Trade costs and democracy
During the three past decades, most developing countries have opted for both a higher degree of political democracy as well as increased trade openness. This trend raises the question of the effect of democracy on trade liberalization. To address the question, this paper proposes a theoretical analysis based on a variant of an HOS model, but assuming allocative effects between the export sector and the non-tradable sector. This analytical framework preserves the Stolper-Samuelson effects, even with complete specialization of countries. Furthermore, it is assumed that in democratic regimes, the policies enforced are those preferred by the median-voter. If, in a country, the tradable sector is labour-intensive , workers gain from free trade and a democratic government should adopt trade liberalization policies. We expose a political economic theoretical model in which democracies apply a tariff to imports all the lower as the other trade costs are low. The theoretical model has led to a gravity equation so that the expected positive relation between democracy and trade can be tested econometrically. We are interested in the influence of democracy on trade costs and test the idea that institutional trade costs are lower when trade occurs between democracies. Econometric estimations confirm that bilateral trade is positively and significantly affected when the two partners are democratic.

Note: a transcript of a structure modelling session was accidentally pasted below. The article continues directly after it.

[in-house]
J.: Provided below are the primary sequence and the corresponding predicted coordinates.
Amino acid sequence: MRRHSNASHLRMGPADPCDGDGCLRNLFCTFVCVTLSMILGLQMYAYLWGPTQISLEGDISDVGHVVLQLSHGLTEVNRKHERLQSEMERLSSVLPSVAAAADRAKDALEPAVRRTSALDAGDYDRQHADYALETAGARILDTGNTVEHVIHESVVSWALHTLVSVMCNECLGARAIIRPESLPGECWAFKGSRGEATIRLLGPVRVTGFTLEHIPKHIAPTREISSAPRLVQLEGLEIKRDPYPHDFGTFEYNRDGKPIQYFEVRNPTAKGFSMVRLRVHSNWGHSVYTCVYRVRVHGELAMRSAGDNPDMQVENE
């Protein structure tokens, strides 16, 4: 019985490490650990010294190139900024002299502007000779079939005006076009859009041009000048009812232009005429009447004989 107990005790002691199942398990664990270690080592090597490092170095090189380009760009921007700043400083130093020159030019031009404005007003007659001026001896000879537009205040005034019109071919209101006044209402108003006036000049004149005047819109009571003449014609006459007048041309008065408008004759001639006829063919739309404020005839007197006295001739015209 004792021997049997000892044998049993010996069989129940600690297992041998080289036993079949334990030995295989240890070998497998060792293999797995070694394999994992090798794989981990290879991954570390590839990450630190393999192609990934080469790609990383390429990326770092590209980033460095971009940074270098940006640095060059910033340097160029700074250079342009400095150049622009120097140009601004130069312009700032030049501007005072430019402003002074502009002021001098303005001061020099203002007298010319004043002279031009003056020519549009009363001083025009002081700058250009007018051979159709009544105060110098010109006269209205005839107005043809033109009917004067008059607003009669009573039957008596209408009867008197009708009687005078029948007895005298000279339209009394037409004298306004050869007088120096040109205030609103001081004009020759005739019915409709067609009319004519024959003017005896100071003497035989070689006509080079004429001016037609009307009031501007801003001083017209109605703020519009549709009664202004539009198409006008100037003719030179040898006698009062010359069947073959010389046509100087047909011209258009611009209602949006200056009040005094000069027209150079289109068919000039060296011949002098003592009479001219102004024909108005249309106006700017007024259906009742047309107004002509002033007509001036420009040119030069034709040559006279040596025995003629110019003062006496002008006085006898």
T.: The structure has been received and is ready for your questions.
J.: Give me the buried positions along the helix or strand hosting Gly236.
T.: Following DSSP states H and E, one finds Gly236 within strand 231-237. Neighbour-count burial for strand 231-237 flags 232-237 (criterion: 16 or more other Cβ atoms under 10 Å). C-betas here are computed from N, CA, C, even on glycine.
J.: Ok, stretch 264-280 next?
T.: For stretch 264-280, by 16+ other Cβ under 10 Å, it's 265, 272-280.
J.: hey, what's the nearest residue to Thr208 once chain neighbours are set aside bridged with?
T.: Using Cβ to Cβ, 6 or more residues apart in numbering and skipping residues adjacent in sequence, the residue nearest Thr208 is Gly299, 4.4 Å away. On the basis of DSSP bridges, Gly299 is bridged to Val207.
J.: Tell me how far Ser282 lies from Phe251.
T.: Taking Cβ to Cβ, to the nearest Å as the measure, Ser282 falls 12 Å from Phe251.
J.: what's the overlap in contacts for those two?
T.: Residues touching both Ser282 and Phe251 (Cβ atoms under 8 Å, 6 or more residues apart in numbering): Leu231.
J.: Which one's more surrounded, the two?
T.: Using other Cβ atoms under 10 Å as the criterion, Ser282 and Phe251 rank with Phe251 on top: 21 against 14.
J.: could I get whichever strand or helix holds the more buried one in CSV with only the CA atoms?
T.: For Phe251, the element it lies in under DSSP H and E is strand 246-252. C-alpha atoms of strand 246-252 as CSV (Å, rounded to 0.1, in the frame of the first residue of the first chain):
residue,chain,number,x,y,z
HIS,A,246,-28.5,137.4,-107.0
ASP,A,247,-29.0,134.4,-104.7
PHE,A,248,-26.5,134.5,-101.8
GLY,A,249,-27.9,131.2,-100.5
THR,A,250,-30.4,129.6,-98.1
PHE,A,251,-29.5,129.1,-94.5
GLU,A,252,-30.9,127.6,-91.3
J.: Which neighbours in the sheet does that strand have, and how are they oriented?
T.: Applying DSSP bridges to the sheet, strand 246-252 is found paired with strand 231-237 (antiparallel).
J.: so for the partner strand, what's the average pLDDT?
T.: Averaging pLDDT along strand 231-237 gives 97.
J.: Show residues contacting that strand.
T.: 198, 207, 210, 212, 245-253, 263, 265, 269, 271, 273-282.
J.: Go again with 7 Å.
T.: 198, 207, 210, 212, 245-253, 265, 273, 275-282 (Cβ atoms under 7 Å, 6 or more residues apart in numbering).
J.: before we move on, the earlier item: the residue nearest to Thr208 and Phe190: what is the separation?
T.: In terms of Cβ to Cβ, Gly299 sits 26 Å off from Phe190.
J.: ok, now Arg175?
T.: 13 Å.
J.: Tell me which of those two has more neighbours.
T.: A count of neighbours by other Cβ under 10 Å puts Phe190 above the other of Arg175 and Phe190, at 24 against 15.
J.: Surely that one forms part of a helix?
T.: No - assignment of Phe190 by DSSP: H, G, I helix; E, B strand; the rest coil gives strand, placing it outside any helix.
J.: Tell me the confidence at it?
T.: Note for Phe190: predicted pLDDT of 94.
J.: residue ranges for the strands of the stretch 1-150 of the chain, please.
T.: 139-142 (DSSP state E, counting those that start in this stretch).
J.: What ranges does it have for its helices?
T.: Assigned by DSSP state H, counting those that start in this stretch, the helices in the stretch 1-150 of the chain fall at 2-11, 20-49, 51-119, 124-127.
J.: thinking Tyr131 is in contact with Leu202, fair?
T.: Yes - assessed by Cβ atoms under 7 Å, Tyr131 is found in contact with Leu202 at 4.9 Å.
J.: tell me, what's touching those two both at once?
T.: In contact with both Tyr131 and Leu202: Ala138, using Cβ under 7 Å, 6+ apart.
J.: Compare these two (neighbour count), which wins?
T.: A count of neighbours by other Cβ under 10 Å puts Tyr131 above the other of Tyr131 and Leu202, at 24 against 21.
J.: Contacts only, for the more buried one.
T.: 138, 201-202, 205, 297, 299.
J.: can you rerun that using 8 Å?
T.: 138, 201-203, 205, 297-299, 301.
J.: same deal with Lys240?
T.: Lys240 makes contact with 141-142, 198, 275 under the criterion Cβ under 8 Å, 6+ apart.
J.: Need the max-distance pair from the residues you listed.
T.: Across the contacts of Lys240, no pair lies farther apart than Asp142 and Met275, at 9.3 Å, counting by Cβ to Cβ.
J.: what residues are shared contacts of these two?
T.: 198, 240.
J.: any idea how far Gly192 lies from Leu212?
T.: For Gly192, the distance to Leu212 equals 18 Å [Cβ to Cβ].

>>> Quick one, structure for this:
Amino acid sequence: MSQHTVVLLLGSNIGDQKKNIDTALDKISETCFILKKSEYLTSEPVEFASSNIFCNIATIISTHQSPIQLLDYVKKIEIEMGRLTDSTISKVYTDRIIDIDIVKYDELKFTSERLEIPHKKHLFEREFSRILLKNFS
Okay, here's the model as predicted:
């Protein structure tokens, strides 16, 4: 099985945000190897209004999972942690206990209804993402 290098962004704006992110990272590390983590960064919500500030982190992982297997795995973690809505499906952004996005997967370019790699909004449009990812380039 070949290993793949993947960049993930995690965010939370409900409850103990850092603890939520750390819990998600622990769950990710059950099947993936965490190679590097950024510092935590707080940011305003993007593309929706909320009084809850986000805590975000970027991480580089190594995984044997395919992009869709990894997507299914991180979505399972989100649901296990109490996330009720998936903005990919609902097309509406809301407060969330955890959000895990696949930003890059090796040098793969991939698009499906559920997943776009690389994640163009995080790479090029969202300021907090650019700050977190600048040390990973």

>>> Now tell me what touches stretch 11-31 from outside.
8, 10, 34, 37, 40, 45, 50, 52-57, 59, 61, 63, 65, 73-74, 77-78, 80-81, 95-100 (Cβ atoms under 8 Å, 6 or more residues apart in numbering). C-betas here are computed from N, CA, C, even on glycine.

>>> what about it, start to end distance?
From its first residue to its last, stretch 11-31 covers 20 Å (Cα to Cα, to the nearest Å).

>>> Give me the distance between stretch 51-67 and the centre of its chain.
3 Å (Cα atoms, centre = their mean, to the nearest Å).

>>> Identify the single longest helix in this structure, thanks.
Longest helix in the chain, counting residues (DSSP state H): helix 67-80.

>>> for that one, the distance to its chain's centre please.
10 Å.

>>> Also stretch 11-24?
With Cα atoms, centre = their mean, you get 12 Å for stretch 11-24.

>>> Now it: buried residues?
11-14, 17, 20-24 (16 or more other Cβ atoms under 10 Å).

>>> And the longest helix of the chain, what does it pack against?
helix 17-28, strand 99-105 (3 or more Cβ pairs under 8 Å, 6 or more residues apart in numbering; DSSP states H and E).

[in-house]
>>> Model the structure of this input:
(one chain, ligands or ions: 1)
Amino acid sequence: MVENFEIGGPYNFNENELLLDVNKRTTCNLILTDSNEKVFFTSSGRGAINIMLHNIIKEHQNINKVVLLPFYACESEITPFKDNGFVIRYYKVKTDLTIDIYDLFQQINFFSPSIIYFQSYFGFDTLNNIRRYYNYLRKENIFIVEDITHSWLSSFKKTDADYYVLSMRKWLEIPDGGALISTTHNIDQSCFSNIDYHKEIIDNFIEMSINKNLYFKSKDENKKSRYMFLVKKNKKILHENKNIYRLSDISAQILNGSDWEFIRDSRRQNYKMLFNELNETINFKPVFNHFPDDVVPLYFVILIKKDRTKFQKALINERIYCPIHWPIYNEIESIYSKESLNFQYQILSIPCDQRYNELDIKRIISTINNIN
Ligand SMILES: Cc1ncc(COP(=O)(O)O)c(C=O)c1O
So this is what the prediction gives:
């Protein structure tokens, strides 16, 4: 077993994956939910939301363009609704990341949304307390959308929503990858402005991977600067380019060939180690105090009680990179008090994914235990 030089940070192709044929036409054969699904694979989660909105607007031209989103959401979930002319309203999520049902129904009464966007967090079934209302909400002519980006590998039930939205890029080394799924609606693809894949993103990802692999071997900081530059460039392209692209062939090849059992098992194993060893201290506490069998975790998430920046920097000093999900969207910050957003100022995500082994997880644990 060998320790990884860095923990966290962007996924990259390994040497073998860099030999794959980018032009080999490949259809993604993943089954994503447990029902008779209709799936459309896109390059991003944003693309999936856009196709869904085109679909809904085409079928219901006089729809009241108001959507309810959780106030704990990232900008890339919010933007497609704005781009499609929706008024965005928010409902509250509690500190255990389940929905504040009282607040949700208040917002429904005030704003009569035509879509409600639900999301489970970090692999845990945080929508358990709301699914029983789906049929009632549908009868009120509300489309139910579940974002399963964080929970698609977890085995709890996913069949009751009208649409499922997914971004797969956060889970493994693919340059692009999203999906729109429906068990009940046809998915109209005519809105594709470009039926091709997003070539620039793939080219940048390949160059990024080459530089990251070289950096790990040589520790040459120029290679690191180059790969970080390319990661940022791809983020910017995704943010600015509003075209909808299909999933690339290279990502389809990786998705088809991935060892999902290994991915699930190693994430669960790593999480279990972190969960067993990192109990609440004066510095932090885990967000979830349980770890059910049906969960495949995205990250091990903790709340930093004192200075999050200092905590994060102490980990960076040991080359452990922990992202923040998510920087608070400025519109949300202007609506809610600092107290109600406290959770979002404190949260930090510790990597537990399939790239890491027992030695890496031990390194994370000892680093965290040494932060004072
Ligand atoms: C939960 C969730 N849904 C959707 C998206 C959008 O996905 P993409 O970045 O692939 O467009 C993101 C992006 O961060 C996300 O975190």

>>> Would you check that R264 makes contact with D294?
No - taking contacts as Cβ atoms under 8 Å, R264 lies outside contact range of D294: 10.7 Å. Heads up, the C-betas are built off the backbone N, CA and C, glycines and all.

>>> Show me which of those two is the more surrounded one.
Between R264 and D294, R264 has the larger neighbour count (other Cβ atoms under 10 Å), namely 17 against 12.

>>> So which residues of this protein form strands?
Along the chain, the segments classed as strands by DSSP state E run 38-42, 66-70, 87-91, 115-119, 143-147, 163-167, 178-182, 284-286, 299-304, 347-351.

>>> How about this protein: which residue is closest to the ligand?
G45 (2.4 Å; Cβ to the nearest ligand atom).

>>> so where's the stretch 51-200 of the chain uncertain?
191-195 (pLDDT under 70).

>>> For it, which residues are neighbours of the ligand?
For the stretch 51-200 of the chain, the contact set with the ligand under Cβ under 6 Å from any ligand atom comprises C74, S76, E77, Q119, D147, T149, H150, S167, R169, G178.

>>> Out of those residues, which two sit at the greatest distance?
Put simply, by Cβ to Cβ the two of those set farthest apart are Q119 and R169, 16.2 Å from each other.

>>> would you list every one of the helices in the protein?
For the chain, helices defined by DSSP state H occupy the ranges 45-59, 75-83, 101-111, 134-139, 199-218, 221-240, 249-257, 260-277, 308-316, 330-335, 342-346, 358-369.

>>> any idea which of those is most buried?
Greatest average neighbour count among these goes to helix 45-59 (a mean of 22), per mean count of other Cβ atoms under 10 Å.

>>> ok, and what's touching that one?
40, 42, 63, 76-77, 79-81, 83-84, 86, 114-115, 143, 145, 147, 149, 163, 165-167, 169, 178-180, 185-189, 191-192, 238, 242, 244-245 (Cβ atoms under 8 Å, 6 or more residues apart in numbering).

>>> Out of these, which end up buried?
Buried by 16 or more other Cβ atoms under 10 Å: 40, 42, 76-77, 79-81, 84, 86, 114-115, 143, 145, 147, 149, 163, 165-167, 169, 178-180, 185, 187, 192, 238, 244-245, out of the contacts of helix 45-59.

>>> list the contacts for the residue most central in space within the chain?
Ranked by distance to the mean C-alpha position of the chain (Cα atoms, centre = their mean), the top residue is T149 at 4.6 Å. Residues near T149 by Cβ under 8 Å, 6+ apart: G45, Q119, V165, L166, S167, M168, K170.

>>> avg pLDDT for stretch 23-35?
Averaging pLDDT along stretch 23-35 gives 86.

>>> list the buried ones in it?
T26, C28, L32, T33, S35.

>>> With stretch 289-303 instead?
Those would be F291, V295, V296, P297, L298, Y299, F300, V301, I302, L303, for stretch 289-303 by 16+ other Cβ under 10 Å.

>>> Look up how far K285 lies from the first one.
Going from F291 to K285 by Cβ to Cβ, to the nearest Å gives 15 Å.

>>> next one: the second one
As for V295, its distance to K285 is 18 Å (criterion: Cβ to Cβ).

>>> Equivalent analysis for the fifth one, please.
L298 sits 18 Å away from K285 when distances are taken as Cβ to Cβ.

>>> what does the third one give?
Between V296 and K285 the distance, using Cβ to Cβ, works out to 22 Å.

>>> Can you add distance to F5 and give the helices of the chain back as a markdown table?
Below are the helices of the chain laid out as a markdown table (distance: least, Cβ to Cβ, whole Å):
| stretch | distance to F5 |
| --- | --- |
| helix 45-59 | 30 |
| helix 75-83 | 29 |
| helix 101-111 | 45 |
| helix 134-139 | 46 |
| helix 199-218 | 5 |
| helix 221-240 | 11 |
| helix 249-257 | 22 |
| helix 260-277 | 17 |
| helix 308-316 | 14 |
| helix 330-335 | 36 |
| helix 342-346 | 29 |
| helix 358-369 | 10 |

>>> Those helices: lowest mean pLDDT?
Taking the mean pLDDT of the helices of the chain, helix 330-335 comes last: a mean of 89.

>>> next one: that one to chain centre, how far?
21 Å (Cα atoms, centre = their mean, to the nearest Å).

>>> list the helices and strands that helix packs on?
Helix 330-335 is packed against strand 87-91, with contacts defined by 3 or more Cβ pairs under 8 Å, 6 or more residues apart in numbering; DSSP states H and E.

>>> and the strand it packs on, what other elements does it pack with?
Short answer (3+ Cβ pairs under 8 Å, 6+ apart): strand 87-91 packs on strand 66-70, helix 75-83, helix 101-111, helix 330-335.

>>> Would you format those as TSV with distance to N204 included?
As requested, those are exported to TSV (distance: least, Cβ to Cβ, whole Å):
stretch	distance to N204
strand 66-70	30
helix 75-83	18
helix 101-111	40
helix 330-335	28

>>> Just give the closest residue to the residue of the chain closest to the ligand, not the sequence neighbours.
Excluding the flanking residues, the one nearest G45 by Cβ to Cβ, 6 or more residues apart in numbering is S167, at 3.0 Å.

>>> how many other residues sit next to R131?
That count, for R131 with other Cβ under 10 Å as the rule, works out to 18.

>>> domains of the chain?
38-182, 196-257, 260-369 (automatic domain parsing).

|Date of creation:||2004|
|Date of revision:|
|Publication status:||Published in Cahiers de recherche d'EURISCO, 2004|
|Contact details of provider:|| Web page: http://www.dauphine.fr/en/welcome.html|
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